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Nothing is something

March 20, 2016

I have a space on my retreat registration form where those registering can write additional comments, thoughts, or things they want me to know.

One of the registrants wrote this:
“I’m so glad you listened to your calling and bless others every day with what you do! You have no idea how much your classes have helped me through one of the most difficult and transitional times in my life! I’ve laughed. I’ve cried. I’ve prayed. But most of all, I’ve changed in your classes. For that, I am truly grateful.”

I deeply appreciate this student’s message and her acknowledgement of my work as “listening to the call.”

Listening is challenging. The longer I listen, the more subtle nuisances I discern in the call. Listening to “the call” continually asks me to go against the grain, to measure the grain, to soften the grain, to refine. Refinement is not big. It’s attuning. It’s inner alignment.

It’s not something I can whip out and show you on here. It’s not “insta”, though it is happening now. Sometimes, it even looks like nothing.

Like in restorative yoga… I look like I am doing nothing, but I am tuning in. I am listening. Is that something?

I don’t practice asana every day any more.
Lately meditation has been me staring at the dark brown lines that have traced their way across my belly to my heart over the last 9.5 months.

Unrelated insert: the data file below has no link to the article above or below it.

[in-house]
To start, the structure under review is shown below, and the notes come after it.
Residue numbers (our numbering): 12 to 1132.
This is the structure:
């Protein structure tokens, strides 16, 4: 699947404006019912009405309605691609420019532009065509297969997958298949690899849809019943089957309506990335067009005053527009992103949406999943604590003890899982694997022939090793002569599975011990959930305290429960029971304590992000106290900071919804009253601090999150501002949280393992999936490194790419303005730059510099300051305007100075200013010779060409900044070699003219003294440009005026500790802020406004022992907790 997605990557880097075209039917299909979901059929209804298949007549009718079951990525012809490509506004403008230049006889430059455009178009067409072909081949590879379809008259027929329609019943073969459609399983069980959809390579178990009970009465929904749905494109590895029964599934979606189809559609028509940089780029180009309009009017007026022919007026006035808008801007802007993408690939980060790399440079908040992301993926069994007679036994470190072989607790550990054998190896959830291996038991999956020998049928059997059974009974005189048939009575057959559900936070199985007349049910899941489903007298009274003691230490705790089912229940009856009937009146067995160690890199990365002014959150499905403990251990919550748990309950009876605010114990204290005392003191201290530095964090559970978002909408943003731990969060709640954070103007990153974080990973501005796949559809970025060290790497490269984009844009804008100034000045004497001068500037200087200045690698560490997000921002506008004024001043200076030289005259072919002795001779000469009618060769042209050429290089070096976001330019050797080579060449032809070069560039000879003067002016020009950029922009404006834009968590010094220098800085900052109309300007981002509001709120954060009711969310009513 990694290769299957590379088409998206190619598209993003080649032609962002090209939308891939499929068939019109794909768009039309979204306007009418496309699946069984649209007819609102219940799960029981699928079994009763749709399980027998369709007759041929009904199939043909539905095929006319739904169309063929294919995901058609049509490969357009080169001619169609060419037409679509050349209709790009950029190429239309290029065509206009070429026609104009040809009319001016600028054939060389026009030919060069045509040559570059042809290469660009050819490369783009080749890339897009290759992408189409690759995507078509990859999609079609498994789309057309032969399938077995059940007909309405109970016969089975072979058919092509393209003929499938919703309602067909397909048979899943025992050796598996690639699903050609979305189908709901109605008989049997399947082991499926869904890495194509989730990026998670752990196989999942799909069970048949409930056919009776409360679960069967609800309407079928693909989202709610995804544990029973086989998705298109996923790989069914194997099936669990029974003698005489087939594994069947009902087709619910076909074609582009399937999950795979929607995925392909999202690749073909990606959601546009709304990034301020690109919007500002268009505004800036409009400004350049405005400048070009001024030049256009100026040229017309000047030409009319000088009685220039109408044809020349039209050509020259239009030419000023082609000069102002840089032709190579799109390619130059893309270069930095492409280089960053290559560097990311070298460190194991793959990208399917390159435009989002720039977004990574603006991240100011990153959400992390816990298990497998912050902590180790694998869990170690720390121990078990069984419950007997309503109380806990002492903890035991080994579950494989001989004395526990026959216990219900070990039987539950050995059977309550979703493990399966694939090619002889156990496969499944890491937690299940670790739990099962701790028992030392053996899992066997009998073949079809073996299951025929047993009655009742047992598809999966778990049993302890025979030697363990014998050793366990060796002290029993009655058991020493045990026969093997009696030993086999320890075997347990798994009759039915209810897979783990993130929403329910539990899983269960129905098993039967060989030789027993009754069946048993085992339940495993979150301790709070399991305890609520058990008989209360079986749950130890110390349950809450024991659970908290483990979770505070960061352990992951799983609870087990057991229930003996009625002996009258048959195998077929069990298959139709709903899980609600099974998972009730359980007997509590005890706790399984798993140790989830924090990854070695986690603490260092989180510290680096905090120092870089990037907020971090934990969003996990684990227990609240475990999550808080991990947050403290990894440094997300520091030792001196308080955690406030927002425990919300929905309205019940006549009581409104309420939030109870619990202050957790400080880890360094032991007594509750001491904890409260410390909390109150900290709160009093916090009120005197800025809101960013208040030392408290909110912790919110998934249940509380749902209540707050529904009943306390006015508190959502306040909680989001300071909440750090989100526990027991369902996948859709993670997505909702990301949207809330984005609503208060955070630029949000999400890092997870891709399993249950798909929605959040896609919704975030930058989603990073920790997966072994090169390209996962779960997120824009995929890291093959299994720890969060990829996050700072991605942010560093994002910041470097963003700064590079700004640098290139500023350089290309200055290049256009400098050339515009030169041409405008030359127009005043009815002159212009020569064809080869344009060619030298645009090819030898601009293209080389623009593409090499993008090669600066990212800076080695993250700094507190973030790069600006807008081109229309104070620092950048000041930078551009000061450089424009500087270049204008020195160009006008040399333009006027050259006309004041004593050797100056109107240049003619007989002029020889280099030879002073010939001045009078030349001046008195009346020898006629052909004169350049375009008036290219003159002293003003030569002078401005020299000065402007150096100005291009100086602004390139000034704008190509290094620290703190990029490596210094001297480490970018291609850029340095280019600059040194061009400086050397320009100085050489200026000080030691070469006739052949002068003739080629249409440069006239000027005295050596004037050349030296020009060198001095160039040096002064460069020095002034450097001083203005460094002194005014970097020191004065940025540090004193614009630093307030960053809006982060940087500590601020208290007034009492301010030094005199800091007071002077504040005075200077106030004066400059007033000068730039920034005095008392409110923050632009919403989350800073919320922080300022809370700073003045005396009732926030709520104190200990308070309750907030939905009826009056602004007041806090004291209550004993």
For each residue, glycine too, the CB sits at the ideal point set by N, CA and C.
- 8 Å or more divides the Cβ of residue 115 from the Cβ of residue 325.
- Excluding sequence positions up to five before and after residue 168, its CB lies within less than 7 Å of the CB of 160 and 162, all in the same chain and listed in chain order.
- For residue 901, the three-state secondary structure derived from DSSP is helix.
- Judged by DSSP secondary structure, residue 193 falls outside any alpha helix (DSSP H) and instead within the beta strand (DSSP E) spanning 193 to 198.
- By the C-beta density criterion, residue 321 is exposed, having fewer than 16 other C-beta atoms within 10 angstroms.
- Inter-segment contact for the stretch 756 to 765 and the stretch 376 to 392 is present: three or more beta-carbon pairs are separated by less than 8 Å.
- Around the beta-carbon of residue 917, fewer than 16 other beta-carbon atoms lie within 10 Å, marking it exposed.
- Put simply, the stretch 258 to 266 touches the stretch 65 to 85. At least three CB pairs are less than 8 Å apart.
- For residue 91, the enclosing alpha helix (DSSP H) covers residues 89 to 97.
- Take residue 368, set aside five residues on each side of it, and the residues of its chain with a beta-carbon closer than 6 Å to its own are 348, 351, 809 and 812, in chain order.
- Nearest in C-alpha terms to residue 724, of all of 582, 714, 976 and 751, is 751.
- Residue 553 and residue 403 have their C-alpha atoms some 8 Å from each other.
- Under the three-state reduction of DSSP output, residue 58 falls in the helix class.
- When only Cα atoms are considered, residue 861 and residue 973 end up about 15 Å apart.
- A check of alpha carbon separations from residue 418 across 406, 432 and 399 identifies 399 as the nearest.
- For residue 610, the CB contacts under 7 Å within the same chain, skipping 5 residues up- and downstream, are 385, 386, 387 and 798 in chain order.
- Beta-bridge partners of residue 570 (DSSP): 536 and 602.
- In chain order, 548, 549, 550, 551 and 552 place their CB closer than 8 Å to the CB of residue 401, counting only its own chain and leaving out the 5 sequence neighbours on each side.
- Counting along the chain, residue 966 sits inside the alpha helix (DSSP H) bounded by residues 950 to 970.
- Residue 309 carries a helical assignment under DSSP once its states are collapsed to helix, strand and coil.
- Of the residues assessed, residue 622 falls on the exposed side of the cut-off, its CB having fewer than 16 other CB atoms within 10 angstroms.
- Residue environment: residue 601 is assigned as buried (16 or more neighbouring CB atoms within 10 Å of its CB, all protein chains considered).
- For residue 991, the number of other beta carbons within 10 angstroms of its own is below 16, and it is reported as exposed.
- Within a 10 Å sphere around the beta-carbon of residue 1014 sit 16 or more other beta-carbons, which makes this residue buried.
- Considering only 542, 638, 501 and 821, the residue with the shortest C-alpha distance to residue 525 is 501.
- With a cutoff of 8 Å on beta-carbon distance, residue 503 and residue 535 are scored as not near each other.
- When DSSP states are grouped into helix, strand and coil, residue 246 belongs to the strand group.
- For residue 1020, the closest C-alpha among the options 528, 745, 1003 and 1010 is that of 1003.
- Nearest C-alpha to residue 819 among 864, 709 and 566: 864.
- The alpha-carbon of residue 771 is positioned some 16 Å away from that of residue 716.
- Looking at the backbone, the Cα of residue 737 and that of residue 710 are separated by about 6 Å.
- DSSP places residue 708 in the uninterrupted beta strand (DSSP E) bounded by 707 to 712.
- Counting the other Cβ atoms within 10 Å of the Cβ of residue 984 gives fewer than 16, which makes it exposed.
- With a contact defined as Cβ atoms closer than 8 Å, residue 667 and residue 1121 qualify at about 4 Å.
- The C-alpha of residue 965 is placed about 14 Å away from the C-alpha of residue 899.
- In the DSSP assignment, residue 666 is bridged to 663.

I lost my mala beads a long time ago.
I chant and I cuss. (Sometimes at the same time) I am not vegan. I haven’t attempted headstand in two years, though I practice tadasana, standing firmly on my own two feet everyday.

Right now, my personal practice is holding space for myself to be broken and whole, raw and undone, to feel the constraints and expansiveness of my being human in the most simple shapes and ways- on and off the mat. Sometimes my practice is to do nothing but notice.

Since that is my personal practice, this has shown up powerfully in my teaching over the past year.

I’ve been known to say less than 100 words… almost nothing in a yin or restorative class. Not because I have nothing to say, but because I am listening and hear that my students’ voices, experiences, and truths are rising up in the form of laughter, tears, and prayers. I trust that their listening into those moments communicates beyond anything I might say.

This student’s message affirmed what I’ve been hearing on this side of the call these days:

I do not have to fill up every single space and gap for myself or students with words, philosophy, music, “challenging” poses etc (I love all that for sure, sometimes I know it’s just filler though)

Holding space can be plenty.

AND a quiet seat in the class is an asana that I MUST practice as a teacher, because what seems like nothing can lead to so much of something.

the look

March 11, 2016

Being with child I have become ACUTELY aware of how often people comment on my looks and women’s looks/bodies in general. I even had to ask my husband do people comment on his looks/body multiple times a day. He said “uh, no, hardly ever.”

Being a yoga teacher and engaging with people’s bodies as my own body has been rapidly growing is interesting to say the least. (more on that later later)

My new look has been described as huge, fluffy, “wowzers”, “increasingly heavy”, and some other funny- side ways- “are you really talking to me right now” type things.

It has also been described as Glowing. Radiant. Pretty. Beautiful.
Beautiful.
Beautiful.
Beautiful.
Beautiful is so beautiful, right?

Just now, I came across these words that moved close to my heart and captures some of what I think “gets” me with the constant commentary on my\women’s looks/bodies even when it’s something as beautiful as beautiful: